Album Review: I'm a Stranger Here by The Devil Makes Three
Great, Based on 4 Critics
AllMusic - 90 Based on rating 9/10
The Devil Makes Three are a very special trio, mixing old country blues, gospel, banjo reels, ragtime, and back-country stomp into a potent brand of folk-punk that has made their live shows near legendary. The band's albums (there have been five of them before this one) are pretty memorable, too, but I'm a Stranger Here, produced in Nashville by Buddy Miller (who also plays guitar and baritone guitar on the album), has a warm and coherent sound to it that harnesses the band's chaotic energy without denying it, making it arguably the trio's best studio outing to date. Lead singer and guitarist Pete Bernhard's songs have always been remarkably timeless, as if they come from another era but also belong to this one, a feel that Miller's production, which mostly features the band in a single-room live setting, wonderfully captures.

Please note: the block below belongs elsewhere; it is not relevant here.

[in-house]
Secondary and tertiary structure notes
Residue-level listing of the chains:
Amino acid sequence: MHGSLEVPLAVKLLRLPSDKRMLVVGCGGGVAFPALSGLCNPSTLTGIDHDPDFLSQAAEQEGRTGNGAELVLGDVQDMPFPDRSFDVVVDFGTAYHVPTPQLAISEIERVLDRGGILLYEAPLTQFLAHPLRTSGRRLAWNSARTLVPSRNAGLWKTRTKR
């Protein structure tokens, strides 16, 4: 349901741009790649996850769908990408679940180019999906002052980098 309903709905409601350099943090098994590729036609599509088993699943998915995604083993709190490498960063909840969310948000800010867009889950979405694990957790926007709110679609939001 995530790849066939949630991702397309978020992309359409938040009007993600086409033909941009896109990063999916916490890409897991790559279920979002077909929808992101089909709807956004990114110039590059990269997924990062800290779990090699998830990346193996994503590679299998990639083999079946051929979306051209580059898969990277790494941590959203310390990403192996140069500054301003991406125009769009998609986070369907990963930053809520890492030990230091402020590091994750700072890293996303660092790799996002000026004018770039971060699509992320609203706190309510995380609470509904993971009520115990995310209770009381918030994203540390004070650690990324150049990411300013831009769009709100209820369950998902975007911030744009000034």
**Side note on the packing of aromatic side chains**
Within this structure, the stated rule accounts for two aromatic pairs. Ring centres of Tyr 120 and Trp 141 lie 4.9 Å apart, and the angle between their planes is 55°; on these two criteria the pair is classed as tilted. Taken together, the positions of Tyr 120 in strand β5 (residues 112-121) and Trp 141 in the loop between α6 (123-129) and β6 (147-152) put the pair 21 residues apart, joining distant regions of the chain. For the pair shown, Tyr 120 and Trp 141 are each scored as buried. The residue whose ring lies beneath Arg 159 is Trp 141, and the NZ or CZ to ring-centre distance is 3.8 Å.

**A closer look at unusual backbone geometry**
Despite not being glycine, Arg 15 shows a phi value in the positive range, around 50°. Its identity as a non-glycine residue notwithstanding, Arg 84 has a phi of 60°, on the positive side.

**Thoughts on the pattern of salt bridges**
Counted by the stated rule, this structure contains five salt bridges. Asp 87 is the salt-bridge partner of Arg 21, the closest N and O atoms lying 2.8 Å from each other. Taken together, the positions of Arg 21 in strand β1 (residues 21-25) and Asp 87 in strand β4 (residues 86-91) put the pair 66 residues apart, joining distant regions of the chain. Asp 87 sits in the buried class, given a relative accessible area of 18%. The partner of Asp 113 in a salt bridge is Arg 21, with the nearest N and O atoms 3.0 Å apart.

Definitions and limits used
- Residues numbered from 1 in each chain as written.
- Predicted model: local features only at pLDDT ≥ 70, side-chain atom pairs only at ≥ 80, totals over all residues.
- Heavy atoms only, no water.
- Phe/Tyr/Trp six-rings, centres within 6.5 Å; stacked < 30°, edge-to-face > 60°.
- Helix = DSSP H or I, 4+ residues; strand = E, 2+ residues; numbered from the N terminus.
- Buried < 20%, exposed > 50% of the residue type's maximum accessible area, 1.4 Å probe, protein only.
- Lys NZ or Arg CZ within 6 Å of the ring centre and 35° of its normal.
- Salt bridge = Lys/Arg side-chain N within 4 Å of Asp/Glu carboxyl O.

Before the fall of 2011, the Devil Makes Three had released three studio albums and a live record, slowly but surely growing their grassroots fanbase from California’s Bay Area outward. None of their records had really successfully captured what the band was all about, though. The Devil Makes Three was one of those bands you “had to see live” to really understand.
Following a string of indie releases since 2002, the Devil Makes Three have taken a large step forward on I'm A Stranger Here, enlisting producer Buddy Miller, whose masterful touch has brought out the best in this drummer-less acoustic trio. Their blend of bluegrass, blues and ragtime isn't unique within the current old-timey undercurrent of Americana, but frontman Pete Bernhard's songwriting contains enough contemporary flair to provide a solid backbone for the album's ten tracks. It creates plenty of room for Bernhard's cohorts, Cooper McBean and Lucia Turino, to dig some deep grooves and shoot off some instrumental fireworks.
The Devil Makes ThreeI’m a Stranger Here(New West)Rating: 3 out of 5 stars Tattoos and acoustic old-timey string bands are about as rare as bluegrass musicians with multiple facial piercings. But body ink is just one aspect that makes punky trio The Devil Makes Three so adaptable to crossing genres and playing stages as diverse as Bonnaroo and The Telluride Bluegrass Festival. With three previous studio albums (and two live ones, which attest to the group’s spirited stage shows) already in their catalog, Buddy Miller– aka Mr.